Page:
In the case of national minorities and minority language speakers, we have treaties designed to ensure the protection of their rights in all circumstances.
And it is for member states to put these to good use.
When it comes to domestic violence, we have ensured that member states have had the opportunity to share the solutions that they have put in place in recent months.
And some of these have been innovative, far-reaching and effective.
But of course all of this also points to the importance of our Istanbul Convention.
Described by the UN as “gold standard”, its purpose is to prevent violence, to protect women who are victims, and to support the prosecution of perpetrators.
Where it is in force, it works.
But misconceptions and false narratives have been deployed against it in recent years.
This has caused reluctance to ratify among some governments, and even the decision by one to leave.
It is women who lose from this, short and simple, and it must be stopped.
The correct response to recent troubles is to expand the circle of those committed to the Istanbul Convention.
I am therefore doubly determined to develop and promote the honest and positive narrative that will establish the facts and ensure its success.
That narrative will rest on three facts.
The Istanbul Convention sets standards that are significantly higher than national laws in many countries.
It provides a unique, independent and international monitoring mechanism to evaluate implementation at the national level and to support compliance;
And that it is only by joining this treaty that a country can benefit from its provisions and seek co-operation from other state parties in bringing to justice the perpetrators of crimes against women.
You can expect to hear more from me about this in the months ahead.
Whether we speak of conflict across borders, against minorities, or in the home, it destroys lives, undermines rights, and threatens the cohesion of our democracies.
It is our duty to defuse that bomb.
In speaking about these problems, it is striking that they pre-date the current public health pandemic;
But also that each has worsened during it.
The same is true for many of the other topics covered in the Strategic Framework:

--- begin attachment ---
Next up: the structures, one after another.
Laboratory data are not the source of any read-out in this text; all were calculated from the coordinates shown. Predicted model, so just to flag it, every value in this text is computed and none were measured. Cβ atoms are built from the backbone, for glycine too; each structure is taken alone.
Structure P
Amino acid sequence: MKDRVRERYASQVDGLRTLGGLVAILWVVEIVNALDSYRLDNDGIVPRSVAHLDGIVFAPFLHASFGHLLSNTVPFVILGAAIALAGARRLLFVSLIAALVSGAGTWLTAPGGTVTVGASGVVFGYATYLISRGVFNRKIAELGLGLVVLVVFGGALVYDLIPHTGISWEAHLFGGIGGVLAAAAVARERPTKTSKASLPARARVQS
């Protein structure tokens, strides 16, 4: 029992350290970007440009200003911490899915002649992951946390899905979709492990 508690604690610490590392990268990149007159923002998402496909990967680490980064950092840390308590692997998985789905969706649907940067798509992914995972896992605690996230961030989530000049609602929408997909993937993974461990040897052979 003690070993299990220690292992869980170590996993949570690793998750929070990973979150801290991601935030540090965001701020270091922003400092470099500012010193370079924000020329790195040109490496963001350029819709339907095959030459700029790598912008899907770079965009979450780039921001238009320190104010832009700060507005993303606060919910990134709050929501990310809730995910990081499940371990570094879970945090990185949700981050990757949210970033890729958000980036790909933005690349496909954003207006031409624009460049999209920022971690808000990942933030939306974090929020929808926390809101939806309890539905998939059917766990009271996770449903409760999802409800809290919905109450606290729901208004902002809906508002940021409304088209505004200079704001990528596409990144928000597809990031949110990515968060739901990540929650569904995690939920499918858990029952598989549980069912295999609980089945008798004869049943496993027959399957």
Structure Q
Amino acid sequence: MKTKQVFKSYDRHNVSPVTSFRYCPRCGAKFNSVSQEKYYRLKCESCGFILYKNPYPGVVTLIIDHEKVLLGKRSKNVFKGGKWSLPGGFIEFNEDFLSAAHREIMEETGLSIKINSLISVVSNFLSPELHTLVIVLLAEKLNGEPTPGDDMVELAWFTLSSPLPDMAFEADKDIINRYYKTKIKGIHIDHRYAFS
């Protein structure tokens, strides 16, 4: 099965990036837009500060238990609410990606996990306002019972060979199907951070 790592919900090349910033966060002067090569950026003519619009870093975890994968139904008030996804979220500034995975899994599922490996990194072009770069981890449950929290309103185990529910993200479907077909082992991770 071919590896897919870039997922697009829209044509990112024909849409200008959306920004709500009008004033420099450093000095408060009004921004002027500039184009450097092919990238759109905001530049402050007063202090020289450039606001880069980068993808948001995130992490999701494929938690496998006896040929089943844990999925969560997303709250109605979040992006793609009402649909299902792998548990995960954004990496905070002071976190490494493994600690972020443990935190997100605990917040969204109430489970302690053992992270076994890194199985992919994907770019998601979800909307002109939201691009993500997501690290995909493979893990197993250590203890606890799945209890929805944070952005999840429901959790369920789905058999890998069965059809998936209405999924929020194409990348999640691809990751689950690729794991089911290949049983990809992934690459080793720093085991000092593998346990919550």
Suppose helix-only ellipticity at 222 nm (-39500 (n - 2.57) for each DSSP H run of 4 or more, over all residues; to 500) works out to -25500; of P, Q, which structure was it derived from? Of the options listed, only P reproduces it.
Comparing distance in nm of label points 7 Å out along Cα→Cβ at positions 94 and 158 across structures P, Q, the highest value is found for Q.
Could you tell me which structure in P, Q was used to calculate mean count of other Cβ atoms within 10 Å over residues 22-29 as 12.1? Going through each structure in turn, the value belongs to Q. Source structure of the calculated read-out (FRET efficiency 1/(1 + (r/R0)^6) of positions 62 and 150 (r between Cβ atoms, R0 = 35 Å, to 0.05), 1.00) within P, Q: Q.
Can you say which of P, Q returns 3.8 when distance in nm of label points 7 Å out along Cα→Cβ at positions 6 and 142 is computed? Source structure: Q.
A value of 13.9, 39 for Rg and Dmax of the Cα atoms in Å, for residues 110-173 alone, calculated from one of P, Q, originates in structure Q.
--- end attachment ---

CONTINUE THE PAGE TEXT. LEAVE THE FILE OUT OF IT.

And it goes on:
Among them are the fights against poverty and inequality, racism, xenophobia and discrimination;
The need to combat corruption, money laundering and cybercrime;
And the growing and evolving problem posed by human trafficking;
My latest annual report A Democratic Renewal for Europe addresses this theme directly.
Published last month, it identifies an alarming degree of democratic backsliding in much of Europe, pre-dating COVID-19, but often exacerbated by it.
Democracies need efficient, impartial and independent judiciaries.
But in recent years there has been an increase in attempts to exert political influence over judicial appointments.
Steps have been taken to weaken judges’ tenure and to empower the executive to replace court presidents.
And the impact of coronavirus is leading to an anticipated backlog in cases and delays to judicial appointments.
Freedom of expression is also under strain.
Smear campaigns, wrongful imprisonment and acts of violence against journalists have risen in number.
Traditional media outlets are struggling to compete against digital platforms and fact-checking and quality journalism are suffering as disinformation becomes commonplace.
And the public health crisis has magnified these problems, with a sharp rise in attacks, censorship and reprisals for questioning government policies.
Meanwhile freedom of assembly and association are also in decline.
For some years the space for civil society has been shrinking in parts of our continent, with peaceful public events treated as dangerous.
Restrictive legislation has been introduced, and other laws misused, to reduce the opportunity for civic activism and legitimate protest.
Here too the public health crisis has accelerated the trend as freedoms have been further curtailed.
The Strategic Framework prioritises action to address these problems.
But my annual report also urges member states to act now, of their own accord, using the tools that the Council of Europe has already put at their disposal.
They should adhere to the guidance that COVID-related restrictions must be necessary, proportionate and limited in duration:
So, as the situation improves, these should be removed.
They should return to fundamental democratic principles, embracing the Organisation’s acquis.
This starts with the European Convention on Human Rights which should be properly implemented and the judgments of the European Court of Human Rights which must be executed fully and swiftly by every national authority.
And they should embrace multilateralism and democratic culture.
This means recognising diversity as a strength, ensuring civic space at the national level and turning to international co-operation, proactively, as a means for protecting people’s fundamental rights.
This is ambitious, but it is certainly within member states’ capacity to deliver.
After all, it is not a revolution but a return to commitments that have already been made in the spirit that was originally intended.
And I am greatly encouraged by the decision at last month’s Ministerial Session to instruct the Ministers’ Deputies to provide follow-up to my report.
That Session also endorsed further progress towards new instruments that will address the human rights implications of Artificial Intelligence and the degradation of our environment.
These are important and work is underway.
This combination of long-standing issues, new challenges, and a public health crisis places additional pressure on national governments and international organisations alike.
But it also reminds us that cross-border problems can only be solved by effective multilateral action.
The Council of Europe and the OSCE share that understanding, and a determination to make progress.
I am confident that we will do so, standing shoulder to shoulder.
Thank you and I look forward to your thoughts and questions.